He Who Must Not Be Named…No, this isn’t a Harry Potter story.

With just over a week from opening night at LA Opera, we’re counting down. Everyone’s excited about the new production, starring Plácido Domingo, conducted by James Conlon, and directed by Darko Trejsnak. But there’s one thing you probably won’t hear if you’re at the theater…its name.

Why? We asked around and got concerned whispers. It seems there’s history here. The History Channel explains that as long as the tale of the Scottish King has been staged, use of its name has been avoided by thespians, artists, the crew and pretty much anyone in the theater. cites this odd behavior among one of the most noteworthy theater superstitions.

Many disagree as to the roots of the superstition (the use of real witch craft, accidents in its earliest stagings, even marketing turned urban legend). But most agree that it’s only safe to utter the name during rehearsals or the performance.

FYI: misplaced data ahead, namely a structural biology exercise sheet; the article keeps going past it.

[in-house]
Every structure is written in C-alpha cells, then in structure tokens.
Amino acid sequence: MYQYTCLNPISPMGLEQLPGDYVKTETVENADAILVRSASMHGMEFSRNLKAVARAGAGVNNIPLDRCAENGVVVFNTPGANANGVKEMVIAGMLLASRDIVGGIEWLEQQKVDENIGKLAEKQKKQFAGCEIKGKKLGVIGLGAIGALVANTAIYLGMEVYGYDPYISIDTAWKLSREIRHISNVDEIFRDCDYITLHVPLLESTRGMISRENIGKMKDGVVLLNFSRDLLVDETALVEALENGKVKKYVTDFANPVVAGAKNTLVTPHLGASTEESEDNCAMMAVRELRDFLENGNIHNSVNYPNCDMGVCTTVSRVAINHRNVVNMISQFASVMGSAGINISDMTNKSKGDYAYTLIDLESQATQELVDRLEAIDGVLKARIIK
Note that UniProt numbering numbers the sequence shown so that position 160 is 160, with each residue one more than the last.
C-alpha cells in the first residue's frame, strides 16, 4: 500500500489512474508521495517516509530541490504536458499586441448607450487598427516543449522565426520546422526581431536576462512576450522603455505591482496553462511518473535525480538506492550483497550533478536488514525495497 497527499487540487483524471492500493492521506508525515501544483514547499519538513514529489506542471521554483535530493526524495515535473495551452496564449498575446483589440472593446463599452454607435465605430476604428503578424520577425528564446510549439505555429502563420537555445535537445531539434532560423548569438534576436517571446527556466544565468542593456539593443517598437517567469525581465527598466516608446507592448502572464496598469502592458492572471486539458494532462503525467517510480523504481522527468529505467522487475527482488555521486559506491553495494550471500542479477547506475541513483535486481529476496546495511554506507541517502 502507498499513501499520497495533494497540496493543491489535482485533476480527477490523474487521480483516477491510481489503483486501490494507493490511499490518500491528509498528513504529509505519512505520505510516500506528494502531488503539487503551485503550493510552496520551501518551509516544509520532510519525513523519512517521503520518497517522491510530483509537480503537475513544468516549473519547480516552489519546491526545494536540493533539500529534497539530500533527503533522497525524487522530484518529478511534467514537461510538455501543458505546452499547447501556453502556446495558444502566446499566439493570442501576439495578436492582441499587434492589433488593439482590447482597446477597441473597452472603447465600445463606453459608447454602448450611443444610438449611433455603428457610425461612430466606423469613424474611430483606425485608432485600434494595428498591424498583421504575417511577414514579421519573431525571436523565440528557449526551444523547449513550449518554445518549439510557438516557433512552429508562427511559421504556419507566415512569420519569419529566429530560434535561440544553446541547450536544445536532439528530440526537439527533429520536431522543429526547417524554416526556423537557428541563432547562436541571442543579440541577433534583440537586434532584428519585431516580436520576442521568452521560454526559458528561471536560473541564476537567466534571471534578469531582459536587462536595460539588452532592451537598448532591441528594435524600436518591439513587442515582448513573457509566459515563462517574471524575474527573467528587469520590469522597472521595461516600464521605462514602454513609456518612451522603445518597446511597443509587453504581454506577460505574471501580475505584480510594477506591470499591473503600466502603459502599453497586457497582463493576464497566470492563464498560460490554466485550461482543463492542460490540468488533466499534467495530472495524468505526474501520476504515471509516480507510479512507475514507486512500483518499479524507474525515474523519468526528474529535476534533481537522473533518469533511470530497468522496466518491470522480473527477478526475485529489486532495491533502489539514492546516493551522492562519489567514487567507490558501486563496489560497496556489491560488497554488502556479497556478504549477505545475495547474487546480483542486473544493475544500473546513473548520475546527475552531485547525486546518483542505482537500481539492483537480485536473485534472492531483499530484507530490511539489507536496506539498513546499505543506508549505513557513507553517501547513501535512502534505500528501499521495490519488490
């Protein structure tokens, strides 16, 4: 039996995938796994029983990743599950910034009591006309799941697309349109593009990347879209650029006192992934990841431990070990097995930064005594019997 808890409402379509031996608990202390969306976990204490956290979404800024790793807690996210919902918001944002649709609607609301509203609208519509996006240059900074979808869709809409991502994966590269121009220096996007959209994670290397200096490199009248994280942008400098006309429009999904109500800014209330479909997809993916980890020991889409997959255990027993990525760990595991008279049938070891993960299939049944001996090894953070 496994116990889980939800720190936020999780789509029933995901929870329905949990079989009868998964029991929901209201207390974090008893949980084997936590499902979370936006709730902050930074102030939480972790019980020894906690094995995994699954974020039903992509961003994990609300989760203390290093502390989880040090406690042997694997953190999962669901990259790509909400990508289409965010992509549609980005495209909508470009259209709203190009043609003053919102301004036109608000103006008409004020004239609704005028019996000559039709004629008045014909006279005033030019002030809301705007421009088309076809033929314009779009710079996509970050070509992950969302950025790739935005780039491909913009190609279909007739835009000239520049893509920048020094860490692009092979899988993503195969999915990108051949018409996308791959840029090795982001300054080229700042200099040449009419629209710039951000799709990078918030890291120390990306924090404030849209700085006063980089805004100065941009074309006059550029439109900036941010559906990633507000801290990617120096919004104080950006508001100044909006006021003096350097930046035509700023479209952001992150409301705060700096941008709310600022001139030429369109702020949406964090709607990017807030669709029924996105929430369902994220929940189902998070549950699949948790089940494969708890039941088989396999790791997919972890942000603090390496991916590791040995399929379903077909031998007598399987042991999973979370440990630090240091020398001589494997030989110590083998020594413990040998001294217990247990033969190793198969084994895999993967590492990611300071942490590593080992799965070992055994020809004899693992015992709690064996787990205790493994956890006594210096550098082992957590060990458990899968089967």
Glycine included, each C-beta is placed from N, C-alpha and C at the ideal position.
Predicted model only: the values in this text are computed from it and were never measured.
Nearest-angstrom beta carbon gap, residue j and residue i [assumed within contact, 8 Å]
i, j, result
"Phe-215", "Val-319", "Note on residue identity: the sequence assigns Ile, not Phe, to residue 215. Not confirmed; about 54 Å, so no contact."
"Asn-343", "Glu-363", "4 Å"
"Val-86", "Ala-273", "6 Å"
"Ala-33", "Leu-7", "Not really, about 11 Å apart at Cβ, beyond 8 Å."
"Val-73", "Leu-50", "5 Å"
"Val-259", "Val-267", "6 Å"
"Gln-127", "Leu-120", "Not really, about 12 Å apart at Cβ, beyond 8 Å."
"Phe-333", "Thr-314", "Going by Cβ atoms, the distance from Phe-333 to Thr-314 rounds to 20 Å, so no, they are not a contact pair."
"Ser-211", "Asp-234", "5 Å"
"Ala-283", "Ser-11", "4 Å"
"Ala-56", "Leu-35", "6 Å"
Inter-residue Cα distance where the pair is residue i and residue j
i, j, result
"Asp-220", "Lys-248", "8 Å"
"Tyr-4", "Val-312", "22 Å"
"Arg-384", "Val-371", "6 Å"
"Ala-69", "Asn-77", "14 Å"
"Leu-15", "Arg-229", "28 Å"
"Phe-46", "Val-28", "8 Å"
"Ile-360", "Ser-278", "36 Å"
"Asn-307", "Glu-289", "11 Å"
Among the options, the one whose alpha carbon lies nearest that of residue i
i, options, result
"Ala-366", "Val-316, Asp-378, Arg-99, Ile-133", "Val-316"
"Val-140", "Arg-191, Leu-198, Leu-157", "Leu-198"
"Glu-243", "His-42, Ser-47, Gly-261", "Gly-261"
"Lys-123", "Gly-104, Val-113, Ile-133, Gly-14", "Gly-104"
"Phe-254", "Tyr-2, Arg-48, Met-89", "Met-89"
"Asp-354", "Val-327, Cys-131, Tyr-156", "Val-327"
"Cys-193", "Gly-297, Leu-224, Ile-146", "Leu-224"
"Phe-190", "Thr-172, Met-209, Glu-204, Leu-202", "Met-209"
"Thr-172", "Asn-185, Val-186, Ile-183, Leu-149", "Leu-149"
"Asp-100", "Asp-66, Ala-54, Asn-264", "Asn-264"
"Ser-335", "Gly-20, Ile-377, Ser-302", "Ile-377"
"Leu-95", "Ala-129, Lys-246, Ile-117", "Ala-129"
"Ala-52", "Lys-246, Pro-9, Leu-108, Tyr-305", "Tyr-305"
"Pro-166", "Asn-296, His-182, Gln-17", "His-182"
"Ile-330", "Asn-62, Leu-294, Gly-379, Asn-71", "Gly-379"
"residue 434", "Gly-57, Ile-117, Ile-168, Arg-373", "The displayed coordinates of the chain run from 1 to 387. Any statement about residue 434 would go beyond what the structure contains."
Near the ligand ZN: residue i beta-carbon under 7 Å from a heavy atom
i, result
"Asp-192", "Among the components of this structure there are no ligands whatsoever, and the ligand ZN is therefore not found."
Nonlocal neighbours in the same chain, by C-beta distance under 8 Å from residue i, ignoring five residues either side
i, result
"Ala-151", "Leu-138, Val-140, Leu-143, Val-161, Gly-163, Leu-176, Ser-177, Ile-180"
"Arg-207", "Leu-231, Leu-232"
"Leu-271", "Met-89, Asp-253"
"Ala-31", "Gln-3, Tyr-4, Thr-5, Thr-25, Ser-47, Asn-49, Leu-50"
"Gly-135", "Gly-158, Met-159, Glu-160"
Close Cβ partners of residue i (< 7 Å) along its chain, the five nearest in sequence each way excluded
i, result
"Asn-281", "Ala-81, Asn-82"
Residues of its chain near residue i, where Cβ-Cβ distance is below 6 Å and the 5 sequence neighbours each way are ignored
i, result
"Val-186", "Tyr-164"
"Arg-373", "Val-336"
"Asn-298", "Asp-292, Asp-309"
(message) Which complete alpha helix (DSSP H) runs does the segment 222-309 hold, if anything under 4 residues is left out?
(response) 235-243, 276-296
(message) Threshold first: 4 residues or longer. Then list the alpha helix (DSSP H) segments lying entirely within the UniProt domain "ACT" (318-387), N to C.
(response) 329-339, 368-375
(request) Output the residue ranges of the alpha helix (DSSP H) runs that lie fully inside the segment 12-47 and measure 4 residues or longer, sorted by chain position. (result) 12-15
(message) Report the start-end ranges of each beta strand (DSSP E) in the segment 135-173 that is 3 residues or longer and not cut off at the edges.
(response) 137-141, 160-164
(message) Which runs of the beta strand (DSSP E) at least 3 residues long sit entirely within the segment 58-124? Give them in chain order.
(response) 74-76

So let’s not tempt fate, shall we. If you’re reading this article out loud while at the Dorothy Chandler Pavilion, here are just a few options for you to reverse the damage you may have done.

Quickly run outside and then: 

  • Spit and curse while spinning around three times

  • Have a Shakespeare passage from another play ready, you’ll need to recite it – Stat! Here’s one to have in your back pocket: “Angels and ministers of grace defend us!” (Hamlet)

  • Repeat the name (of this opera we’ll open on September 17) three times while tapping your shoulder. (Wait, isn’t that Beetlejuice?)

  • Brush yourself off and run around the theater counterclockwise.

You’ll need to ask – some say beg – to be let back into the theater.

Some of these may sound like they’ve been made up just so we can see what you’ll do. Our favorite, then, would be to pick up a ticket while you’re out there and tell a friend to come see the Bard’s play.

In the meantime, help us out with some euphemisms we can use in the coming weeks

To purchase tickets to Macbeth…wait, shoot…I have to run.

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